So you're starting your own restaurant in New York, and you're eager to get cookin'. But whether you're a large-scale pizza chain, a fancy steakhouse, or a pretzel vendor on the streets of NYC, you'll need to get the proper coverage, first. Sadly, when it comes to running a restaurant, no one is immune to risks like potential lawsuits.
But there's good news. Our independent insurance agents are here to help you figure out what kind of restaurant insurance coverage you need in New York and to help get you the best possible deal. But first, let's start with an overview of restaurant insurance.
What Is Restaurant Insurance?
In short, restaurant insurance is a policy designed to cover all the components involved in your restaurant, from your property and supplies to your employees and customers. Obviously, serving food to the public ties directly into concerns about protecting their health, but restaurant operation comes with many different risks that are important to consider before setting up shop.
What Type of Restaurant Insurance Coverage Do I Need in New York?
Before we check out some specific laws in The Empire State, we'll start by reviewing the basic coverage requirements for restaurant owners. Typically, a standard restaurant insurance policy includes the following:
- General liability: This protects you against lawsuits related to injury or property damage done by the business, and it's mandatory. Food poisoning claims would fall under this category.
- Workers' compensation: If your employees become ill, get injured or die from a work-related incident, this aspect of the insurance will cover the financial ramifications. Coverage is mandatory in New York, as well as most other states.
- Property insurance: This covers any damage to the physical building that houses your restaurant, in case of fire, etc. The type of cooking equipment your establishment uses will contribute to the risk of fire damage, and may influence the cost of your policy. Businesses with deep fryers that use grease, for example, are considered a higher risk.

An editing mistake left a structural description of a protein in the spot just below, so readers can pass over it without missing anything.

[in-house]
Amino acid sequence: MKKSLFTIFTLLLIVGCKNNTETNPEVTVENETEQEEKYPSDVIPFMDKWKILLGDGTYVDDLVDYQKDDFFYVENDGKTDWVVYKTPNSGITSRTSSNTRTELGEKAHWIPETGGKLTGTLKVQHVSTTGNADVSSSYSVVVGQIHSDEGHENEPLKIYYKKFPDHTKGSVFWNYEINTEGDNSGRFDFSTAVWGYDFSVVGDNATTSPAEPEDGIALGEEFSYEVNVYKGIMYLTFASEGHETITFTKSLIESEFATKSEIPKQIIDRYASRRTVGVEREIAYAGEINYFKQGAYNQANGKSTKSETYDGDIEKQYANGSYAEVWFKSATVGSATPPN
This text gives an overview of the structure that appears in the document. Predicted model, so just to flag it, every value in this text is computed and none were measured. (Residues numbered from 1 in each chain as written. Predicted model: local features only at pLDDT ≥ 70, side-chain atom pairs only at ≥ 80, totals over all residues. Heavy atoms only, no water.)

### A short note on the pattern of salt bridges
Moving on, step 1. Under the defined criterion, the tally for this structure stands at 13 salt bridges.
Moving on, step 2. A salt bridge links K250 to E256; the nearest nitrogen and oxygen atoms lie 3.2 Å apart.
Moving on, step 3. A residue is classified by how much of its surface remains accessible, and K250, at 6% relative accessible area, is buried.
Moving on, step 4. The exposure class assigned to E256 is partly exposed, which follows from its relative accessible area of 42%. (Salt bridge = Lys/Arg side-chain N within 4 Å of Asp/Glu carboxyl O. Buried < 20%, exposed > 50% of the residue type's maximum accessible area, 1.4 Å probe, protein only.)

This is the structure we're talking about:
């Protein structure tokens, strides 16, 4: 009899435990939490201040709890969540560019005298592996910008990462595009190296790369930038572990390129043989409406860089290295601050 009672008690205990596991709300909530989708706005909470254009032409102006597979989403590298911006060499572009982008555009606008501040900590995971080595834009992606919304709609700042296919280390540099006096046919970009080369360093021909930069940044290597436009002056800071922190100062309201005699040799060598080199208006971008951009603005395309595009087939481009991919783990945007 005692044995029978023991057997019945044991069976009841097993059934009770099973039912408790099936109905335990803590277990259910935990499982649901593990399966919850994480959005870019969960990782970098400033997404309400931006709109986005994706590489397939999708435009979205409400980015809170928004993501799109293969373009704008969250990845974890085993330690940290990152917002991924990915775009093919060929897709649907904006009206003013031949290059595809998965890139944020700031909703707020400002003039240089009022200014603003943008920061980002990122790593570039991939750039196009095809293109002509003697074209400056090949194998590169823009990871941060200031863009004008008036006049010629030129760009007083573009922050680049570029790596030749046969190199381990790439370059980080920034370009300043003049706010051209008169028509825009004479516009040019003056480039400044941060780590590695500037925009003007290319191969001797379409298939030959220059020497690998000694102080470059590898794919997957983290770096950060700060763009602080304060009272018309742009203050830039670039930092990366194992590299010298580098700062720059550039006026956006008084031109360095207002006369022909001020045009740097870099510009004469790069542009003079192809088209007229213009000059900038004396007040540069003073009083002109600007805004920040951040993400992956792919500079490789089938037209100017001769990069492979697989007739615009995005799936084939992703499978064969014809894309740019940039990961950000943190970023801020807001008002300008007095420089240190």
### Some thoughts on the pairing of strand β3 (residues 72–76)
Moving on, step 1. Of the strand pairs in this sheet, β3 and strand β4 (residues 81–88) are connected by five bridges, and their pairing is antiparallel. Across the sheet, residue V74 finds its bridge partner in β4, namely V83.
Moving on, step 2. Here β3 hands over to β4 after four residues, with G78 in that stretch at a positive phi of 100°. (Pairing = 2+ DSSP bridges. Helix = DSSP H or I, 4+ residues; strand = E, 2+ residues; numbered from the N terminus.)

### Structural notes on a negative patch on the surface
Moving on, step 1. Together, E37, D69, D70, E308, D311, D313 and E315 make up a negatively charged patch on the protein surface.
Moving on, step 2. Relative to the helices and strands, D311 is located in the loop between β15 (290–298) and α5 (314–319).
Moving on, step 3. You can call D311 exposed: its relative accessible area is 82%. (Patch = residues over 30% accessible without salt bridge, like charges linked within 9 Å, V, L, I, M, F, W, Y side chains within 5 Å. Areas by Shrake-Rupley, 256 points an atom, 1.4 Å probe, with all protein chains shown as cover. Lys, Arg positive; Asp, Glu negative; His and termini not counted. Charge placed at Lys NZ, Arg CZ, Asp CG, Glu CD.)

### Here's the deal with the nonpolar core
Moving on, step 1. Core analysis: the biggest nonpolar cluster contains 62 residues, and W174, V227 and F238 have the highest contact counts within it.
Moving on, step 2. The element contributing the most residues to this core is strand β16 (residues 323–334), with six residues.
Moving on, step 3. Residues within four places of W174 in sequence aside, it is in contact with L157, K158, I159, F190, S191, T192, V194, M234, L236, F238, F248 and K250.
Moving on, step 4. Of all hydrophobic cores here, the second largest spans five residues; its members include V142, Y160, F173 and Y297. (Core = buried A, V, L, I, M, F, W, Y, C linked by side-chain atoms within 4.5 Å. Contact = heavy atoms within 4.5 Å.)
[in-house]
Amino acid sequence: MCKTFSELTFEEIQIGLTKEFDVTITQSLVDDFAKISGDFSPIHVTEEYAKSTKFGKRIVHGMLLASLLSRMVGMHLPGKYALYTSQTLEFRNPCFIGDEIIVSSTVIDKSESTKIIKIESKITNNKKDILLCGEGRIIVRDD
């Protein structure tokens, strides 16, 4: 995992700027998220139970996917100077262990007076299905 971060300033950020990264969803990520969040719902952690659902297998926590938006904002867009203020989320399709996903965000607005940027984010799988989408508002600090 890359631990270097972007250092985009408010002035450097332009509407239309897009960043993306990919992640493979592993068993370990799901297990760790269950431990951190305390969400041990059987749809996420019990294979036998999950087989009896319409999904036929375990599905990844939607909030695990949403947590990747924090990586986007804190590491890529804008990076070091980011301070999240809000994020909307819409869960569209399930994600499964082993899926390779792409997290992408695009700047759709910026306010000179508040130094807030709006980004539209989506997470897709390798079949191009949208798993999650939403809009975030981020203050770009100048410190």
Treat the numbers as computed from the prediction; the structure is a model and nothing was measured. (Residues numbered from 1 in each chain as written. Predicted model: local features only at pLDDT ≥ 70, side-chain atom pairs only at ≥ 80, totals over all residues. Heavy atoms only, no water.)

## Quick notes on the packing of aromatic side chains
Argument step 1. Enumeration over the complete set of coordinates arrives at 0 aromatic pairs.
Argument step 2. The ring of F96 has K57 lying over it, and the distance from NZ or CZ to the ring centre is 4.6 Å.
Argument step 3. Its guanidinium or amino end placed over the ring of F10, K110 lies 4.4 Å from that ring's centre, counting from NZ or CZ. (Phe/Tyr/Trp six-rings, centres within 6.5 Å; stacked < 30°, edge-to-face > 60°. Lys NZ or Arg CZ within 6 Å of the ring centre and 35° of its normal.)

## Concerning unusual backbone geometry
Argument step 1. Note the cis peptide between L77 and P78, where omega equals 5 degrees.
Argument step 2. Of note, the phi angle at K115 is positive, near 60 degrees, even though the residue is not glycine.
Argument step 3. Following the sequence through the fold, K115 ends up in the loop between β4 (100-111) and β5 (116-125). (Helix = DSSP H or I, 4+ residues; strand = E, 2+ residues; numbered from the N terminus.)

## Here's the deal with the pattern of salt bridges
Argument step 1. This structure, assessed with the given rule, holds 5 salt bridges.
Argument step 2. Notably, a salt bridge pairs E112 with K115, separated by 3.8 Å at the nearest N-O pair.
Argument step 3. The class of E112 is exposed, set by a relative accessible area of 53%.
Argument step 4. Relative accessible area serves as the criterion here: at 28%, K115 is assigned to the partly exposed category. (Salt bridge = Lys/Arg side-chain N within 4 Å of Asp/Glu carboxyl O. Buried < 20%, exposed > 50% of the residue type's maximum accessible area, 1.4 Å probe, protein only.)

Note: Restaurants with a drive-thru will have an extra property that needs coverage, and paved surfaces (like driveways) are not typically covered by general property insurance.
- Business income: A part of property insurance, this aspect covers the financial loss suffered while a business is closed due to fire damage or other disasters.
- Ordinance and law: Another part of property insurance, it covers the financial ramifications if your building is found to not be up to current state codes. This coverage also applies in the event that you need to rebuild your restaurant, or if you're building one from the ground up, yourself. Handicapped-compliant features, fire safety equipment, and emergency exits are all factors, here.
- Boiler & machinery: Also known as "equipment insurance," it covers electric equipment in the building (e.g., AC units and boilers) that break down due to power surges, etc. Property insurance may cover this stuff, but not always.
- Spoilage: This takes care of the replacement costs for food that spoils due to power outages caused by storms, surges, etc.
- Communicable disease: Covers any illnesses transmitted to customers due to improper hygiene of your employees.
Optional Add-Ons to New York Restaurant Insurance
While the basic restaurant insurance package is a great start, truth be told, it might not meet all of your unique needs. Your independent insurance agent will hook you up with the additional coverage that's right for you, but until then, we'll look over some of the most common add-ons: